2. Y. Kokubun and M. Koshiba, “Novel multi-core fibers for mode division multiplexing: Proposal and design principle,” IEICE Electron. Express 6(8), 522–528 (2009). [CrossRef]

]. By using these multiplexing schemes or together with the wavelength division multiplexing (WDM), the transmission capacity of single fiber is expected to expand further [3

3. T. Morioka, “New generation optical infrastructure technologies: “EXAT initiative” towards 2020 and beyond,” Opto Electronics and Communications Conference (2009), FT4.

]. In the WDM, a wavelength multi/demultiplexer is a key device for inserting and splitting of different wavelengths lights. Similarly in the MDM, a mode multi/demultiplexer is needed for exciting and separating different modes lights. Arrayed waveguide grating, multimode interference waveguide, and Y-splitter, etc. have been used in making up such device [2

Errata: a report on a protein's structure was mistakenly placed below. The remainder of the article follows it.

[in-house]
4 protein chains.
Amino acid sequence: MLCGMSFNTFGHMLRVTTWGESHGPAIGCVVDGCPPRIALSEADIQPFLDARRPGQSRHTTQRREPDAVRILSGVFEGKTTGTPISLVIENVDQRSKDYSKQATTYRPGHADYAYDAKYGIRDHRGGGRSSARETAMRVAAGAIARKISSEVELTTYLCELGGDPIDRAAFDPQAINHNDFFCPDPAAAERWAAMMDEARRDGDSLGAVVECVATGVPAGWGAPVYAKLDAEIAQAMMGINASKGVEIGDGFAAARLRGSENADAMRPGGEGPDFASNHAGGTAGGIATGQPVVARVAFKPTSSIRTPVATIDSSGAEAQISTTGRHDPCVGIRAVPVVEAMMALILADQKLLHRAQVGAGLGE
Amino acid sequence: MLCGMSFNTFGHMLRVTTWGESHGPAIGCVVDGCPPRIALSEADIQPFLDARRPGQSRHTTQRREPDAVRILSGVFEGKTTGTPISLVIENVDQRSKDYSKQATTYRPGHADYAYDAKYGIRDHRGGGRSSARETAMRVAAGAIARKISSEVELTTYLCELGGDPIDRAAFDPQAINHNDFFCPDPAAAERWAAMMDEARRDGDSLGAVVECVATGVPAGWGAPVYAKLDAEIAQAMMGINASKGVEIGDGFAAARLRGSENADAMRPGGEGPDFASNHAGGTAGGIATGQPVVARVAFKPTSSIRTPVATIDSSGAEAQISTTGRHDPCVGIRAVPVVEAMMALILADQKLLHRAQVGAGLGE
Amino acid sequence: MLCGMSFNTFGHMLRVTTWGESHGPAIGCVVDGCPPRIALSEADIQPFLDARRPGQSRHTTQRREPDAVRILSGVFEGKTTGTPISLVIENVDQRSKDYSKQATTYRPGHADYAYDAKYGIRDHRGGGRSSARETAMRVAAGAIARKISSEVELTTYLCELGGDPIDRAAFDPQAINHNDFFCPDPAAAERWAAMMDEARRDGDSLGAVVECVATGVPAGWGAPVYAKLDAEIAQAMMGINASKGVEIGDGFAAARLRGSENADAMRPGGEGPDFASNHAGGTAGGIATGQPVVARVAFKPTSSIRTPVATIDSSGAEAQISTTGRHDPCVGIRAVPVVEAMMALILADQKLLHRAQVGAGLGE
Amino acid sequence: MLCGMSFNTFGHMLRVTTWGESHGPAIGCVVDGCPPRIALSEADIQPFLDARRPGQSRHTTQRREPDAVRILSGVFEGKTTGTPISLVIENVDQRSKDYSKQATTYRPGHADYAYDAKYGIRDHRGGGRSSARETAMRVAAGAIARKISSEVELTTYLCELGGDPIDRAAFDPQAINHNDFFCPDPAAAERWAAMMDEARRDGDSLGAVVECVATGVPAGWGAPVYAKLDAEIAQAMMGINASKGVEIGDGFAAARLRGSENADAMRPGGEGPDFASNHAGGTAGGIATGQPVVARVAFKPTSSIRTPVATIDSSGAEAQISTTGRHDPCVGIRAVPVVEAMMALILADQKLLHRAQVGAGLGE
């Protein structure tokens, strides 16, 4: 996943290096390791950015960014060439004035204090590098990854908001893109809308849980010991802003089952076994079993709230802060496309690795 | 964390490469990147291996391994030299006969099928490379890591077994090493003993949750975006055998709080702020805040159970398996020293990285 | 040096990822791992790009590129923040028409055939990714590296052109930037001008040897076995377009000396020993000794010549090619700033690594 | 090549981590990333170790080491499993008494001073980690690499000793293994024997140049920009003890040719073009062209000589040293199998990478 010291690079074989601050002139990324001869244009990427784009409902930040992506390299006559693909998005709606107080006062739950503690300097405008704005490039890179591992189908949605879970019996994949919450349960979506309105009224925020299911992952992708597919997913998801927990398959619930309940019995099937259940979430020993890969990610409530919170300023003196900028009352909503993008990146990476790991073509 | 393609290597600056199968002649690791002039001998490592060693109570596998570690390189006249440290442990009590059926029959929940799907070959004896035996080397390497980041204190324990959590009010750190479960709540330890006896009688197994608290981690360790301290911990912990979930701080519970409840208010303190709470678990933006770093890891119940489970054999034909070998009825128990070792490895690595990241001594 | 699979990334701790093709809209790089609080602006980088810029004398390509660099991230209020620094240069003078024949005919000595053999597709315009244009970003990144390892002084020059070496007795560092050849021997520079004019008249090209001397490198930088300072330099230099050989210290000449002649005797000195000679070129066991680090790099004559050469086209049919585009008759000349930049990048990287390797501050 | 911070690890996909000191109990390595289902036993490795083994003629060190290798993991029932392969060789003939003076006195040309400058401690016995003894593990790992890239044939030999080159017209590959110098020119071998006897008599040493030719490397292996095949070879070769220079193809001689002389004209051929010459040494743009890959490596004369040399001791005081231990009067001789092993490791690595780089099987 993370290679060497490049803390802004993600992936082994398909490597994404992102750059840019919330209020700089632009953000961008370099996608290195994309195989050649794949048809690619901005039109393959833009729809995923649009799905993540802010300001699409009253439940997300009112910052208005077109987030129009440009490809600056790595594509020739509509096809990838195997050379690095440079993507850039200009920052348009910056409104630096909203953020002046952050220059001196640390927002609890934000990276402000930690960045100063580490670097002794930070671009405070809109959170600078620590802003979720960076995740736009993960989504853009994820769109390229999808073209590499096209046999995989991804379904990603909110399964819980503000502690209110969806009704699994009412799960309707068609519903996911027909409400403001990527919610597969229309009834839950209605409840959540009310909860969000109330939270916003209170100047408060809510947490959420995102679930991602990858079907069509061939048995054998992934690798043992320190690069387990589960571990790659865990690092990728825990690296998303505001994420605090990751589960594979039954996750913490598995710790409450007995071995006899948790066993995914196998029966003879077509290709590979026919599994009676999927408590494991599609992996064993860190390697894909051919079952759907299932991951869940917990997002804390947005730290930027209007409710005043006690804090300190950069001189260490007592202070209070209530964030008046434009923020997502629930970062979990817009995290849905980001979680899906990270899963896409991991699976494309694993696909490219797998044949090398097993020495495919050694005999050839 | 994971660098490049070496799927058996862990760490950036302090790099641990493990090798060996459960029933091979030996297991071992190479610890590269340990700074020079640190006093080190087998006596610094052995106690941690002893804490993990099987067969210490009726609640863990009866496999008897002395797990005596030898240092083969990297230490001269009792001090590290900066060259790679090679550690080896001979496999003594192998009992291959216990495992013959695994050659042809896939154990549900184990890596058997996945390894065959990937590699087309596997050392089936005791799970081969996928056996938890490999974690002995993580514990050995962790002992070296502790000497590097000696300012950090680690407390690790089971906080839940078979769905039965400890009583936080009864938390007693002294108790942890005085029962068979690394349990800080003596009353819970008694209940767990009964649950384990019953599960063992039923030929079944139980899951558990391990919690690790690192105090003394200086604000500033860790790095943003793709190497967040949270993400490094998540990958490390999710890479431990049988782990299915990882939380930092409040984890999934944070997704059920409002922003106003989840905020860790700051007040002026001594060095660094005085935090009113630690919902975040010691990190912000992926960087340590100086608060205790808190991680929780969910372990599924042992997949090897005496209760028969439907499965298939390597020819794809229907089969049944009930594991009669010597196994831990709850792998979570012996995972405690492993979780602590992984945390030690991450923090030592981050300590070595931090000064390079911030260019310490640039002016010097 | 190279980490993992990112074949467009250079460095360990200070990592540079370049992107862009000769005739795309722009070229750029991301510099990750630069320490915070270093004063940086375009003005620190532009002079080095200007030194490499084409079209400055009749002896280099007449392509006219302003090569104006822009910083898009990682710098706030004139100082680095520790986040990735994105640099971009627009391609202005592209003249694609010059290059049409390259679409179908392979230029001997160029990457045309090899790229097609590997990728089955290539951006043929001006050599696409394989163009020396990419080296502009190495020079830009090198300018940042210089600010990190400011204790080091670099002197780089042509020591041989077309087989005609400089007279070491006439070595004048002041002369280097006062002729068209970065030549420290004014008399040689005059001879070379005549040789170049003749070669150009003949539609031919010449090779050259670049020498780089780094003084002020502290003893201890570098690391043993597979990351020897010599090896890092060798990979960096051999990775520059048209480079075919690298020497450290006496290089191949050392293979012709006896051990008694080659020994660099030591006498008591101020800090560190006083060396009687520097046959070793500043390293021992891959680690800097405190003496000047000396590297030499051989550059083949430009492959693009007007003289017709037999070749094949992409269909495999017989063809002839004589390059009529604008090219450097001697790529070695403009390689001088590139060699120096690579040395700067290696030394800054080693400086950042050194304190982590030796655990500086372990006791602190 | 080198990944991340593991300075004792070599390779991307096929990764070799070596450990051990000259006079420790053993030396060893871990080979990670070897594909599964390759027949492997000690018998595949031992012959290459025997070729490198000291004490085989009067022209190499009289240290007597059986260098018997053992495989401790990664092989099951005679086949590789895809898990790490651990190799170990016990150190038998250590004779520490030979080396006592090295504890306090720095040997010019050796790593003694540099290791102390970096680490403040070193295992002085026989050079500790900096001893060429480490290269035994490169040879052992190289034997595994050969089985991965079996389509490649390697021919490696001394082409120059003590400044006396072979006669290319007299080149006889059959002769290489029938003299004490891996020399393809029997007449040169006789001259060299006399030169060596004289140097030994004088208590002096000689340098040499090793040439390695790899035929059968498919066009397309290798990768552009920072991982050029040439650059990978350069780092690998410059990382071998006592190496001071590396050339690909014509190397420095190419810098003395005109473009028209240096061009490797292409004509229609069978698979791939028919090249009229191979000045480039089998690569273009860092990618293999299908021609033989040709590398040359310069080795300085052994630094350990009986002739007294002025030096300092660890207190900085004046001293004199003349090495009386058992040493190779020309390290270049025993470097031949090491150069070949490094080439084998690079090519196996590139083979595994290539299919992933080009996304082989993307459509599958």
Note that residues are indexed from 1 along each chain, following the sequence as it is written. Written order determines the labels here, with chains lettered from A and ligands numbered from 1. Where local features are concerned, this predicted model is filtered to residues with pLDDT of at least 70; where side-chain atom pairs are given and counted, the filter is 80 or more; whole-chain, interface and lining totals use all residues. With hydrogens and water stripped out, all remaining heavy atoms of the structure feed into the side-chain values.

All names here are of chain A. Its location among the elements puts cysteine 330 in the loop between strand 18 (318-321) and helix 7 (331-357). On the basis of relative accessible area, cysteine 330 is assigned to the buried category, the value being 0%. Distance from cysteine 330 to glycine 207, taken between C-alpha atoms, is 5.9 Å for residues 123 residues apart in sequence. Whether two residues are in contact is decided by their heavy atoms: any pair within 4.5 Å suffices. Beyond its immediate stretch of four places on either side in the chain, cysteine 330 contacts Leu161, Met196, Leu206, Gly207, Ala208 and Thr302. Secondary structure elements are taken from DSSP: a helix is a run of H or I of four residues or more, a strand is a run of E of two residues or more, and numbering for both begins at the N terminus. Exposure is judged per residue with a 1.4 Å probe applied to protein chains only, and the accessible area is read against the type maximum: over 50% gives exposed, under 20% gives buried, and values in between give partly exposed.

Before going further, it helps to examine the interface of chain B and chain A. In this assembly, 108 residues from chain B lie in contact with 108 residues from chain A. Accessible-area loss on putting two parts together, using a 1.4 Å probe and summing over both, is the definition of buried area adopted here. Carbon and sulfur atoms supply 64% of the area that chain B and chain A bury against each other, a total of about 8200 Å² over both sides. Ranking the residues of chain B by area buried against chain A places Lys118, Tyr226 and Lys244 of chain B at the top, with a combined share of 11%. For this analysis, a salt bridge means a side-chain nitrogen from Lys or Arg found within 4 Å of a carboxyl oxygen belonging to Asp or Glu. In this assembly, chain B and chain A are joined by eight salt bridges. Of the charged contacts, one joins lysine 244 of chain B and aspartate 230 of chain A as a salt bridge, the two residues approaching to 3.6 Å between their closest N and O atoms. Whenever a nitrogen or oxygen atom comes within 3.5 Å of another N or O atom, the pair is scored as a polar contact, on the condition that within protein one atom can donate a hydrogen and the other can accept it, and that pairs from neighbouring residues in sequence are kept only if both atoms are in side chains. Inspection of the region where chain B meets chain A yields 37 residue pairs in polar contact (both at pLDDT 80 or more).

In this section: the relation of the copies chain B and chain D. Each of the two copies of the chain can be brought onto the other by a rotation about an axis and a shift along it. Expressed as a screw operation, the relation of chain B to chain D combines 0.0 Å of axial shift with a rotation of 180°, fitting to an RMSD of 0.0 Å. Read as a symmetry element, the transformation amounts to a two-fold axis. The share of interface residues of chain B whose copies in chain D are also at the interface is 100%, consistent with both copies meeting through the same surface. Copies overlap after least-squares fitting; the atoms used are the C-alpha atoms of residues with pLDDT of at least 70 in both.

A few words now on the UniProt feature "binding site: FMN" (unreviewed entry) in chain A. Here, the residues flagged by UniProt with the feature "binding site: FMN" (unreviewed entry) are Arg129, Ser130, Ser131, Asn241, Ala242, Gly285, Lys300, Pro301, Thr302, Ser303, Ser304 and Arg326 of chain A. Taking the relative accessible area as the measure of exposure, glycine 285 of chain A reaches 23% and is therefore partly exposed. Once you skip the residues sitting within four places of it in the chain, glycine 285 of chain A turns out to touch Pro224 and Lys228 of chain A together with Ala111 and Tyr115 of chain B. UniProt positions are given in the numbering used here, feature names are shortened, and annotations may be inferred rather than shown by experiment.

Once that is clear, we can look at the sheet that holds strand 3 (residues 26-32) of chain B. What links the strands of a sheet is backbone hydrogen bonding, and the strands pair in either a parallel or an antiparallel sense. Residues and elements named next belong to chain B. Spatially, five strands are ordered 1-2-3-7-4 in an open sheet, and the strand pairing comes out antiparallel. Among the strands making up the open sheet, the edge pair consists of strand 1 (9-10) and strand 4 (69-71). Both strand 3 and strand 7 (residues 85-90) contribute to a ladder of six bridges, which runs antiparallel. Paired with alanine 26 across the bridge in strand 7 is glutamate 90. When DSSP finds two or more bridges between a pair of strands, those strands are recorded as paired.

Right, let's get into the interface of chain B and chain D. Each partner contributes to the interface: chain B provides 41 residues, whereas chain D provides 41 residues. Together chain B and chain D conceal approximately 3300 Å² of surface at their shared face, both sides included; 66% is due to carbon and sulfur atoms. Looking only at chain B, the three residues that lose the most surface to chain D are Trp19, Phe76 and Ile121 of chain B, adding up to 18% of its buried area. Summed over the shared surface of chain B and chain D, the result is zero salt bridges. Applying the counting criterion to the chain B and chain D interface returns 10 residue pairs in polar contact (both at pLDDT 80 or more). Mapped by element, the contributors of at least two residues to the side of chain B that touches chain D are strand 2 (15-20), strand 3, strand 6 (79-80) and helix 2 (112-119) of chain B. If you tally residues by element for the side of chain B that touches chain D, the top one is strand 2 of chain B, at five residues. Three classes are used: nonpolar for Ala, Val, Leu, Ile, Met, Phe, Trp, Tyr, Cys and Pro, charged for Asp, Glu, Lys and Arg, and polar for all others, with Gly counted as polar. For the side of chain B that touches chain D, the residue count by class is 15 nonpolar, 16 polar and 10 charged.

2. Y. Kokubun and M. Koshiba, “Novel multi-core fibers for mode division multiplexing: Proposal and design principle,” IEICE Electron. Express 6(8), 522–528 (2009). [CrossRef]

, 4

4. R. W. C. Vance and J. D. Love, “Asymmetric adiabatic multiprong for mode-multiplexed systems,” Electron. Lett. 29(24), 2134–2136 (1993). [CrossRef]

7

7. M. Greenberg and M. Orenstein, “Simultaneous dual mode add/drop multiplexers for optical interconnects buses,” Opt. Commun. 266(2), 527–531 (2006). [CrossRef]

]. However a stable connection with the transmission fiber is not easy because these elements are composed of planar lightwave circuit (PLC).